Before you perform a reset on Windows 8, you should check to see if there is a recovery application within the Windows software instead of on a disc. This can save you a lot of headaches searching for a disc that you may not have received. If you do not have either, you can still reset your computer from a recovery partition.
A partition stores your operating system information, your basic programs, and your main drivers. By using this hidden area of your hard drive, you can reset your computer exactly back to how it was when you first purchased it. Much of this will depend on the brand and model hard drive that you have.
Again, you will want to back up any files that you don’t want to lose during the process. This can include folders, photos, documents, and any other media you don’t want to be wiped from your system. Remember that any software you have installed will also be erased from your laptop.

Reset a hard drive with Window 7 or 8

1. First, you need to start or reboot your computer and then hit the F key or a combination of keys during the startup screen. The combo of keys can vary depending on the manufacturer, so look this up in your system’s manual before beginning the process of resetting your OS. If you have any issues or your computer does not have a recovery partition, then you will need to contact your manufacturer, such as HP®.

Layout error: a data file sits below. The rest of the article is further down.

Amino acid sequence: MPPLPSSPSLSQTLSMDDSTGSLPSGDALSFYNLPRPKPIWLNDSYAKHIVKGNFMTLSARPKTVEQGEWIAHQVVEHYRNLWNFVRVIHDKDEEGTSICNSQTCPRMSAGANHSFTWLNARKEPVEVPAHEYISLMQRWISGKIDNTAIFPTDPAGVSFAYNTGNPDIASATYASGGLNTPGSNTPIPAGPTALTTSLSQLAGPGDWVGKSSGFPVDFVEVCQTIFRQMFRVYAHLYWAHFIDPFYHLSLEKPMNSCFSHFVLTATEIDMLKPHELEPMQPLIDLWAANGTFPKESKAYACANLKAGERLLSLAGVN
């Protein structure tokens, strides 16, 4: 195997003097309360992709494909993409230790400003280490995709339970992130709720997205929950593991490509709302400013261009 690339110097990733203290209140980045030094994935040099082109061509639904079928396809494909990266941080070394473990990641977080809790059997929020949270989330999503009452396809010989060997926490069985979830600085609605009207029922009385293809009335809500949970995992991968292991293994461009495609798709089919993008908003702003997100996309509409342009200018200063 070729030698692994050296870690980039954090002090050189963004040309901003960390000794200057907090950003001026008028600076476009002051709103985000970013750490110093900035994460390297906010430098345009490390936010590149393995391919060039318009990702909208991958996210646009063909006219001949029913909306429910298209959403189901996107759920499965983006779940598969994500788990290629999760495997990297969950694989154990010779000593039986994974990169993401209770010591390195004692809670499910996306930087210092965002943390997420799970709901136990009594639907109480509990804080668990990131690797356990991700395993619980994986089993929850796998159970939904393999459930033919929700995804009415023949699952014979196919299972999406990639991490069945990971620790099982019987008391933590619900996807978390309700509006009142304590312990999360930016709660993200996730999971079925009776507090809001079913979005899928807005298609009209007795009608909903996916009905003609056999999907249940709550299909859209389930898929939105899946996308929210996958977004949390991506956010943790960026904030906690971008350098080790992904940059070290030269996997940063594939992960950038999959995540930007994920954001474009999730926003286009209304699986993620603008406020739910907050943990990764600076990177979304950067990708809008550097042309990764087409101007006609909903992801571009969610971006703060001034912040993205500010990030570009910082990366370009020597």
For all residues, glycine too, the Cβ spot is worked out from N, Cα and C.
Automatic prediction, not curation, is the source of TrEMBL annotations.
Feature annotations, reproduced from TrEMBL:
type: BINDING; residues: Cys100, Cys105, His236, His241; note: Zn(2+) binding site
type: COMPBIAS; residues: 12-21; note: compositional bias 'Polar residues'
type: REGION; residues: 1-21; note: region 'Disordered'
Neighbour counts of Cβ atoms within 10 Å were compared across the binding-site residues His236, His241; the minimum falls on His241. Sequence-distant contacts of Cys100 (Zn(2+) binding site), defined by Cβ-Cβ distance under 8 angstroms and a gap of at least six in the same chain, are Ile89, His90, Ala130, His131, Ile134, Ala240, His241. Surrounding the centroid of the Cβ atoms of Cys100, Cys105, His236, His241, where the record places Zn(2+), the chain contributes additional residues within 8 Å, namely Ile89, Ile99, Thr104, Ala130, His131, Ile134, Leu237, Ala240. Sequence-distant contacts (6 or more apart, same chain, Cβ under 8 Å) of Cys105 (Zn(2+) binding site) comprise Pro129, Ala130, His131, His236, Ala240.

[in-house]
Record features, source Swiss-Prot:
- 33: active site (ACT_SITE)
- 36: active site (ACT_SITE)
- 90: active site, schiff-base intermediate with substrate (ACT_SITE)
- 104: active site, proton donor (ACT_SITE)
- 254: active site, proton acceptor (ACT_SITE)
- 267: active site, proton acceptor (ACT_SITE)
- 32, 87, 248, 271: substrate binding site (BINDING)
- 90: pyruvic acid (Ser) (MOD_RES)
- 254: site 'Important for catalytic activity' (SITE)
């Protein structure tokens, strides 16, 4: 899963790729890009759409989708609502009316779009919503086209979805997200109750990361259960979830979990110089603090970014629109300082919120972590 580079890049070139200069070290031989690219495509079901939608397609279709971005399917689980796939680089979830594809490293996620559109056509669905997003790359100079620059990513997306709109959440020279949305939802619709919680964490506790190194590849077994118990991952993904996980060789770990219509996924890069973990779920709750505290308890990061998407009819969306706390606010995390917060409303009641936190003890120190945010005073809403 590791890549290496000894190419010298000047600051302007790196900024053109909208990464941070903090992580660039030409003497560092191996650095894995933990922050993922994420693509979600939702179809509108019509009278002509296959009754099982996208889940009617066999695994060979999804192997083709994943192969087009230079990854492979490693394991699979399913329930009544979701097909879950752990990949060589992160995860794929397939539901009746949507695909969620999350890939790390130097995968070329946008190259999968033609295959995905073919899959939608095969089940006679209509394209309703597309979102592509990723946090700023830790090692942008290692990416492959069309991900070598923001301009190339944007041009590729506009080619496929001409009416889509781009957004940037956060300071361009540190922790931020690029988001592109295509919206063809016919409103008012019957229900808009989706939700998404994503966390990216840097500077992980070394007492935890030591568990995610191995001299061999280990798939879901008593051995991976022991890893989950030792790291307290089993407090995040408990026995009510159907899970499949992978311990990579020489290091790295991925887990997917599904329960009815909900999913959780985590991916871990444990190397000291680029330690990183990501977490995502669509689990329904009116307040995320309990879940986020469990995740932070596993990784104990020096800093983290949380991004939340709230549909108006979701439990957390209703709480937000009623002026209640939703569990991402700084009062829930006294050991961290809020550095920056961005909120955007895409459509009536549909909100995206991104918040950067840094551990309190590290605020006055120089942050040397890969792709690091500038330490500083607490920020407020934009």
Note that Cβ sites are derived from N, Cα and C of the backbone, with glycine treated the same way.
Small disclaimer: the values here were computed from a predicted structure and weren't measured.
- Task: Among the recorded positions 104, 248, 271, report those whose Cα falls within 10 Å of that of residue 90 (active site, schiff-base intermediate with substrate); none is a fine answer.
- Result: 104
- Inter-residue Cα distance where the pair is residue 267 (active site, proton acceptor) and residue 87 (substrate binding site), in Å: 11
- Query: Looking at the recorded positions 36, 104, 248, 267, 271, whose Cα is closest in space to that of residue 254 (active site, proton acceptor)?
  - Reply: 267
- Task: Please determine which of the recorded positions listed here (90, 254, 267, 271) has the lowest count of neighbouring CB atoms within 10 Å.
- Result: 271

2. Instructions should appear on your screen with information on how to reset your device. You’ll confirm that you wish to perform a factory reset and once you have, it can take some time for your computer to erase files and restart your entire system. Make sure not to touch anything until you see that the restoration has finished.
3. From there, your laptop should be reset to its original factory settings.
No matter which version of Windows you use, it may be worth it to set up regular backups for your system. Also, it’s worth checking to see if they have been done recently before you decide to reset your entire computer so you don’t end up losing any data by mistake.

About the Author

Daniel Horowitz is a contributing writer for HP® Tech Takes. Daniel is a New York-based author and has written for publications such as USA Today, Digital Trends, Unwinnable Magazine, and many other media outlets.